Not quite the witty title I wanted, but it fits the theme.
I missed this story when it came out, but it’s newsworthy because it’s a very low-probability event: a 14-year-old boy was struck by a meteorite last year.
Next, we have a claim that space aliens may not be friendly. Is this news to anyone? Besides peace-and-love-and-crystal-harmony types, that is? It’s not like there haven’t been books and movies addressing the topic before. Given the history of war between different tribes and nations, why would anyone presume that aliens would necessarily be peaceful?
One quote from the article is worth a little discussion:
Some scientists are puzzled as to why no messages have been sent back even though humans have been transmitting radio and television signals for the last century.
That’s actually a pretty stupid thing to be puzzled about. First, that would require another intelligence within 50 light years, and further presumptions that:
- They received the broadcasts and recognized them as a product of intelligence immediately.
- They deciphered them immediately.
- They decided to send a response immediately.
- They had the equipment available immediately for sending that response.
Just coming up with some simple points for each of the above:
- When the first pulsar was detected, some thought it to be a broadcast from an extraterrestrial intelligence, because it was considered too regular to have been natural.
- How long have we been working on Linear A? Would we ever have deciphered Egyptian hieroglyphics without the Rosetta Stone?
- Let’s hope they’re not organized with bureaucracies. Perhaps they’re afraid we (or someone else) would find them and hurt them. Maybe they’re isolationists.
If they’ve got equipment to receive us, they’ve probably got equipment to send back, so that’s not necessarily a big objection. They may have reasons for not wanting to use it, or to broadcast at the necessary level to reach us. Then again, perhaps they have already responded to us, and we didn’t recognize it as a response, because it’s using a technology that they expected us to develop in the meantime.
It’s probably moot, though. A few months ago, I read an article that said that our broadcasts would sink into the background noise within some distance that I don’t remember, but was shorter than I expected. I couldn’t find a link to it to put in this post, but I did find this, which makes the same point. We do have equipment that can pull signals out of the noise, even if the noise is louder than the signals, but in that case, we know what kind of signals we’re looking for. That’s a lot different than, “There may be a signal here. It may be hidden below the level of the noise, and we have no idea what it looks like.” Searching for it in those conditions is a good recipe for ongoing employment, but not necessarily for success.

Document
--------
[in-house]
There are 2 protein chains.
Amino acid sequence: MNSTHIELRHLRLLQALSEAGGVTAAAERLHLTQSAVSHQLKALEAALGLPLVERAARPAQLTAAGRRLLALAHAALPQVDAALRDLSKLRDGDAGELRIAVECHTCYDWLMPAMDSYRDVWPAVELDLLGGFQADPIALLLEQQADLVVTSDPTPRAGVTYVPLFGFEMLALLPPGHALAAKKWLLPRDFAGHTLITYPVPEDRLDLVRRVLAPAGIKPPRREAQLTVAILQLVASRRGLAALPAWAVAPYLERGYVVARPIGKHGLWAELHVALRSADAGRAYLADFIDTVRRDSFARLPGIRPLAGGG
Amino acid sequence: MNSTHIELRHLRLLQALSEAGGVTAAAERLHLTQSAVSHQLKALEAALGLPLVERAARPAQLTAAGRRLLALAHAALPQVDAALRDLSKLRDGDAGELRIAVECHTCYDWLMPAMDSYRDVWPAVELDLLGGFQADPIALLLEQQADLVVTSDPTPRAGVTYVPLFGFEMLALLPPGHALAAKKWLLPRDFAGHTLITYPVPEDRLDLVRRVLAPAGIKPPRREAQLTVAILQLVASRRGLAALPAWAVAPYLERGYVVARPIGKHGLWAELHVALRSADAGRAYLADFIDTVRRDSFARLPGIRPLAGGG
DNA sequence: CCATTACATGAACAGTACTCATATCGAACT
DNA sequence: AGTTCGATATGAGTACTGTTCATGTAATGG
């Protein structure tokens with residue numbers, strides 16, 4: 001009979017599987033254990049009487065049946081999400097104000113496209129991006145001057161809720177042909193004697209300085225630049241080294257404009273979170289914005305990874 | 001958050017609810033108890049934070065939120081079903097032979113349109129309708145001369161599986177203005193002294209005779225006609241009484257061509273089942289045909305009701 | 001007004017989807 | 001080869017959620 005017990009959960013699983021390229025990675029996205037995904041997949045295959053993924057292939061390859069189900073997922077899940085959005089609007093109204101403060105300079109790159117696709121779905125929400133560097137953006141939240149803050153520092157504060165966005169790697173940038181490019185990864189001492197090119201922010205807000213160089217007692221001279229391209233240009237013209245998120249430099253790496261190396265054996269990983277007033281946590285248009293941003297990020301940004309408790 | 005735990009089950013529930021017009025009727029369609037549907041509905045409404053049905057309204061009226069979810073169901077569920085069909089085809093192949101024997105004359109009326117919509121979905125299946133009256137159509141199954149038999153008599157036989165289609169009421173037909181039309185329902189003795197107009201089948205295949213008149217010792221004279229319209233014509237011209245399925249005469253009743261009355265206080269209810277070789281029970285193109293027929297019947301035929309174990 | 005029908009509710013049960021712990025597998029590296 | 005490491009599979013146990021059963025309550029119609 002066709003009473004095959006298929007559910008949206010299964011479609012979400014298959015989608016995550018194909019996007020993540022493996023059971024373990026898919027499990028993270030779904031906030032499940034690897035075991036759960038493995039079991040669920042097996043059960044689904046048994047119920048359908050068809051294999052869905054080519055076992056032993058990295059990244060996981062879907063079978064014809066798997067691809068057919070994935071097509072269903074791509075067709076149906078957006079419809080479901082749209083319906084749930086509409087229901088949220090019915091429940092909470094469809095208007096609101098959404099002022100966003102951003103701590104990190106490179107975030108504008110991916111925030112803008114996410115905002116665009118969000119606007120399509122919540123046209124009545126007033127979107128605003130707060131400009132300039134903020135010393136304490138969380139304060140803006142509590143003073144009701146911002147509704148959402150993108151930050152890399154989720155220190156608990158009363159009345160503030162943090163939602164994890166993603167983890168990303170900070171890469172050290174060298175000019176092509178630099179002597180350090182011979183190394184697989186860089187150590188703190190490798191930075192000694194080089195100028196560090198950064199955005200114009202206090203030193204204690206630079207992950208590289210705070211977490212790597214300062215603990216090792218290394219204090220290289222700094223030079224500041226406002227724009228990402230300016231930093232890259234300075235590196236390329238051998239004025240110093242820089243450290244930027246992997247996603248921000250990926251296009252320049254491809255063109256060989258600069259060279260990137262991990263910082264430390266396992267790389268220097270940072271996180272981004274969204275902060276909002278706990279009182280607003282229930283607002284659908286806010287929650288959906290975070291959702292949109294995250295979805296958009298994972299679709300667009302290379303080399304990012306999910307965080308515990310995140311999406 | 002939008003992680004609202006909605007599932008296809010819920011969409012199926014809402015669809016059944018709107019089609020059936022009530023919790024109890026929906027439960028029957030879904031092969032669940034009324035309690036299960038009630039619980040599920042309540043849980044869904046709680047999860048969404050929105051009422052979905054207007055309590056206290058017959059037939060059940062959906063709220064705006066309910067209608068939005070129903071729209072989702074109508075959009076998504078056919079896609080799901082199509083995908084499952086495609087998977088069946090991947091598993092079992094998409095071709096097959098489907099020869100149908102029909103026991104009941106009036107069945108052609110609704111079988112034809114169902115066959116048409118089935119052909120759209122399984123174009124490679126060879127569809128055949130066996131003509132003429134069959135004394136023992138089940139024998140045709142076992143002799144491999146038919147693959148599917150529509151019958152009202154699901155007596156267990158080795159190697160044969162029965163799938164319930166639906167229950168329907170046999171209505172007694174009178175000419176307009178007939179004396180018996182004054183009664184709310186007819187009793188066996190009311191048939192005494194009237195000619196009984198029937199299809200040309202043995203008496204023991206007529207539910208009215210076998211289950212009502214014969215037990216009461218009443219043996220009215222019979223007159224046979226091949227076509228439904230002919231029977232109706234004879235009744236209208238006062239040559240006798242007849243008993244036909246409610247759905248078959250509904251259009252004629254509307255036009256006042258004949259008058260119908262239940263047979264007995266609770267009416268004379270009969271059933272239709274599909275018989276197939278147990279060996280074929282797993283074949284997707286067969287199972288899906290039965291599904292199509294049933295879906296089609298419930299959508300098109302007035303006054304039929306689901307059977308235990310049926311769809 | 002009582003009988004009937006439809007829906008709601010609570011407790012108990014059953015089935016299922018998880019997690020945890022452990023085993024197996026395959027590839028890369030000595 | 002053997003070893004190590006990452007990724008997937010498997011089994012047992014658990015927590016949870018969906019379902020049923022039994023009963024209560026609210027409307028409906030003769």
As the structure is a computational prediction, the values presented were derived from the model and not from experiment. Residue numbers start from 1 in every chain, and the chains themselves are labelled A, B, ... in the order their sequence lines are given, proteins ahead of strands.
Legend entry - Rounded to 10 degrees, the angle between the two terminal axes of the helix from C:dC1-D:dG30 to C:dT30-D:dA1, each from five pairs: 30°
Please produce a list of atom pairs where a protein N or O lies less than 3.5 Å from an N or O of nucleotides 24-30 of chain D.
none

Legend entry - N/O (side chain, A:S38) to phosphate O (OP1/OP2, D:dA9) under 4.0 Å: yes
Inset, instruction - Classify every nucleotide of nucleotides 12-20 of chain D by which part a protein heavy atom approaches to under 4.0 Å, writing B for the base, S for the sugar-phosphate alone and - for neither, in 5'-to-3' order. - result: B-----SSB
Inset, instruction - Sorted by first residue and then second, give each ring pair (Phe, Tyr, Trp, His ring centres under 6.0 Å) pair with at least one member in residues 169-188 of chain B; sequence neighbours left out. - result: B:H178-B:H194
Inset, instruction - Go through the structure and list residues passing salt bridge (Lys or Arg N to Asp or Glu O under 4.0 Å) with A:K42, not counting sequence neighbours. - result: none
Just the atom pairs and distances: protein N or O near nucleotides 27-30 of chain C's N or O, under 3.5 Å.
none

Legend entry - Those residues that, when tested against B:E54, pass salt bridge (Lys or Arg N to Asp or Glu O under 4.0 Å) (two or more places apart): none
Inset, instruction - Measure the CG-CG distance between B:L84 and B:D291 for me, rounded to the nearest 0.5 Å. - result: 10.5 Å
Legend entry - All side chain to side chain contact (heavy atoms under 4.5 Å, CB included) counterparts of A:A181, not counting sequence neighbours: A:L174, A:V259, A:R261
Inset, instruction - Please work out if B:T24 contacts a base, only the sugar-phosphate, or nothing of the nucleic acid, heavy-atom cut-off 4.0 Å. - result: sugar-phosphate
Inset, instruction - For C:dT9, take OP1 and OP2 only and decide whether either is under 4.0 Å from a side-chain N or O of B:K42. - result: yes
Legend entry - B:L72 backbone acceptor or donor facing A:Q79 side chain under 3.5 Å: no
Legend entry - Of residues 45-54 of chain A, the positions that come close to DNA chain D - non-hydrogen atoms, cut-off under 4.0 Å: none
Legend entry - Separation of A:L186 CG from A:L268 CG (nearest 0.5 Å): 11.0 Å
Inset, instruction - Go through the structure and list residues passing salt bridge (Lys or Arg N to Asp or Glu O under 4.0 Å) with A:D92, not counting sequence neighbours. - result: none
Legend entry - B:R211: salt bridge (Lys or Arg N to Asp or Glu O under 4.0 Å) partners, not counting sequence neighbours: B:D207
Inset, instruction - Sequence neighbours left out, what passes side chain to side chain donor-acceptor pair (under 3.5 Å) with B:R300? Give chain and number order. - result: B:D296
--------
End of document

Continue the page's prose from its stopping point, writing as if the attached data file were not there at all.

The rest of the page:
It may be moot for another reason, though. Technology marches on, and the changes and improvements have side effects. When I was younger, I used to see billboards across the southwest for radio station XERF, broadcasting from just across the border in Mexico with 250,000 watts of broadcast power. They were in Mexico because, among other reasons, it freed them from FCC restrictions on broadcast power. My understanding was that atmospheric skip meant that they could be heard across most of the US, at least at night. Recently, I’ve been hearing about low-power FM and neighborhood radio. Lower-power signals means a shorter propagation distance before it falls into the background noise.
In the early days of personal computing, back in the 1970s, I read about how some people were using AM radios to debug their programs: the switching frequencies of the digital signals in the computer fell into the AM range, so tuning between stations would let you hear a series of shifting tones that related to what the application was doing. In the days when some people only had lights and switches for I/O, that could be an important diagnostic technique. Nowadays, computers operate well above the AM range. They take less power (sometimes absolutely, sometimes merely relatively) than they used to, as well. I work in the field of embedded computing; Intel’s 80188 processor, which used to be popular for the purpose, consumed 800 milliamps if you were using the NMOS part. The MSP430 from Texas Instruments can require as little as a couple microamps. That’s not going to generate much in the way of radio signal.
So, I guess what I’m saying here is that it’s pretty unlikely that aliens shot the rock at the kid.